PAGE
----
Worried About Milk Allergy or Dairy Intolerance?
Welcome to the definitive guide on milk allergy and dairy intolerance in babies, infants and children. In this guide you’re going to find out everything you need to know about how to identify, diagnose and understand dairy-intolerance or milk allergy and have all of your questions answered in one place.
When I started researching dairy intolerance for my baby nearly five years ago, I found that there was plenty of information on the Internet, but there was nowhere that had all the information I needed, which meant hours of trawling through websites, articles and forums trying to find the answers to my questions on dairy intolerance. The remedy to this was to write my own article and here it is.
Symptoms of Dairy Intolerance in Babies
So you’re concerned that your baby or child may have a dairy intolerance or milk allergy? Maybe your baby or infant has one or more of the following symptoms:
- Showing signs of reflux
- Unsettled and unable to sleep
- Prone to crying fits
- Inability to put on weight
- Has excessive wind
- Stomach pain
- Loose stools
- Frequently vomits up whole feeds
- Runny, green stools
- Raised red blotches on the skin (hives)
One or more of these symptoms can (but does not necessarily) indicate a dairy intolerance. Some of the more extreme symptoms may also indicate a milk allergy.
Note: Another common reaction to a dairy intolerance is eczema.
The symptoms above can be signs of one or more food intolerances. Remember that your baby may have a dairy intolerance in conjunction with intolerances or allergies to other foods. (The son of one of my close friends has both a soy and dairy intolerance, as well as an allergy to eggs.)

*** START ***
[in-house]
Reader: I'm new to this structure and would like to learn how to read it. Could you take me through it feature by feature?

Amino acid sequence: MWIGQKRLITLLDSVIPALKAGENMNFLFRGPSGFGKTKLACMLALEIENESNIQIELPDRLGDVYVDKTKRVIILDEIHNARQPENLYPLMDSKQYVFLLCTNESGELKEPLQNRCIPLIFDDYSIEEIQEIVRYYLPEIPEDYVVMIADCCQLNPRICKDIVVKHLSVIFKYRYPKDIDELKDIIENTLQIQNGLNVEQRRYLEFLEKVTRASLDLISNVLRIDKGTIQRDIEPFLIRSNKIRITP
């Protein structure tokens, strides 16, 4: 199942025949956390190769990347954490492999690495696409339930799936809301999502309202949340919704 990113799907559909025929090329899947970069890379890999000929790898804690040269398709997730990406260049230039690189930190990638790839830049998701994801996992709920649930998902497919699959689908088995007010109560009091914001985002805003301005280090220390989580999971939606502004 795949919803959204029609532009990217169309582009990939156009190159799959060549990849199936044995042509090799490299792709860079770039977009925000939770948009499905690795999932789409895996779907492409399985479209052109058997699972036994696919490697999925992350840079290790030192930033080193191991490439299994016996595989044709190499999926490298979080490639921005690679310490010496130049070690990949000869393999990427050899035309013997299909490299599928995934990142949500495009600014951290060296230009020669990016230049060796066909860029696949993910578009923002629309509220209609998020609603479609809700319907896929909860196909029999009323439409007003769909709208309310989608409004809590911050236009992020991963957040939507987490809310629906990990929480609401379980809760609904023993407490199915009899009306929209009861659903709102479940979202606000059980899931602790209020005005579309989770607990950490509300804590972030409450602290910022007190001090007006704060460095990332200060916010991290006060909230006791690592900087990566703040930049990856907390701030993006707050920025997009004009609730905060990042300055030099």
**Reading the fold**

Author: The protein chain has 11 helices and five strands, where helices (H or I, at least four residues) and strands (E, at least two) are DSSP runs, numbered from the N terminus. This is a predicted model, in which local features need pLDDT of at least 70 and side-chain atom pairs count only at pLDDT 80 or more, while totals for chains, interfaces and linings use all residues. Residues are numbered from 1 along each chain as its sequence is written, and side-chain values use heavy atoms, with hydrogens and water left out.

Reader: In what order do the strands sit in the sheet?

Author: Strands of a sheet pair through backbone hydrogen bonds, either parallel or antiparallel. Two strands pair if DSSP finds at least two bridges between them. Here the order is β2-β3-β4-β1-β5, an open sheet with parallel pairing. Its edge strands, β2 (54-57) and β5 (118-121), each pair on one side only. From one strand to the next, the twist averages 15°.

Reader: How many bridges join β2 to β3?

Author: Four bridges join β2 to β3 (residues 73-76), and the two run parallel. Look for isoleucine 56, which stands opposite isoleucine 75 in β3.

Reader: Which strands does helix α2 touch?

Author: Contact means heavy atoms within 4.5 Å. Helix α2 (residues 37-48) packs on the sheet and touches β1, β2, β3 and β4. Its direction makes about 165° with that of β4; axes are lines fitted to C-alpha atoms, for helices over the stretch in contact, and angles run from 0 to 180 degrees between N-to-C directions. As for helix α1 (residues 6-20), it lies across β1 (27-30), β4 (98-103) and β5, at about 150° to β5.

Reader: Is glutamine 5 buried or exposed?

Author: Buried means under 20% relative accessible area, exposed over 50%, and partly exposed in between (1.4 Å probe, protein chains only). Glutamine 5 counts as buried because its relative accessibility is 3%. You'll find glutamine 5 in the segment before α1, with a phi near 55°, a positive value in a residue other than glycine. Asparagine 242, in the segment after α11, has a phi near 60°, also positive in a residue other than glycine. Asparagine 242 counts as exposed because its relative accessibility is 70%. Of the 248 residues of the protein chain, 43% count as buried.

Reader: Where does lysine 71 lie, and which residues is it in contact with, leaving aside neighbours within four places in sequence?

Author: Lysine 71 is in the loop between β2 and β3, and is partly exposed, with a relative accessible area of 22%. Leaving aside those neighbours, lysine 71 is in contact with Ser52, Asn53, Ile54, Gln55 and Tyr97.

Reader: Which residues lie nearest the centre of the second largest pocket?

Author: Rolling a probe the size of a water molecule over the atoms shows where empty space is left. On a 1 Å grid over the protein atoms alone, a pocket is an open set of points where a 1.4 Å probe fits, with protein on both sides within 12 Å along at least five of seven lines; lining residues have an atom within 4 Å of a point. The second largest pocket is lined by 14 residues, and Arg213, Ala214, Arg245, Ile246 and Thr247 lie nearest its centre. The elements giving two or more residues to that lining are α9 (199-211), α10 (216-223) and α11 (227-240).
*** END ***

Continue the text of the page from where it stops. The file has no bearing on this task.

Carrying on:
The most common food intolerances are to dairy products, soy, and gluten.
In this article, I’m going to focus on dairy intolerance or sensitivity and cover the following areas of concern that you may have:
- Why do babies and children develop food intolerances?
- The difference between an intolerance and an allergy
- Immediate vs delayed reactions
- Lactose or milk protein sensitivity?
- Diagnosis and testing of dairy intolerances
- Foods containing dairy products
- Foods with high calcium levels
Why Do Babies and Children Develop Food Intolerances?
Food intolerances are on the rise and affect between 6-8% of babies and children in western countries. There aren’t any firm explanations of why this is happening, but there are a few interesting theories.
- The first is that, on the whole, babies are born and brought up in very sterile environments in western countries, which means they have less exposure to dirt and germs. Because of the lack of “real” threats to fight against, the body turns on itself and starts attacking harmless proteins.
- A second theory is that our bodies are so full of toxic and man-made chemicals that we absorb through our every day environment, that the fetus in the womb becomes overloaded and is subsequently unable to cope with some natural chemicals such as proteins.
- The third and final theory is that, for some unknown reason, babies’ bodies are simply not making enough of the enzymes needed to break down various foods.
Dairy Allergy vs Intolerance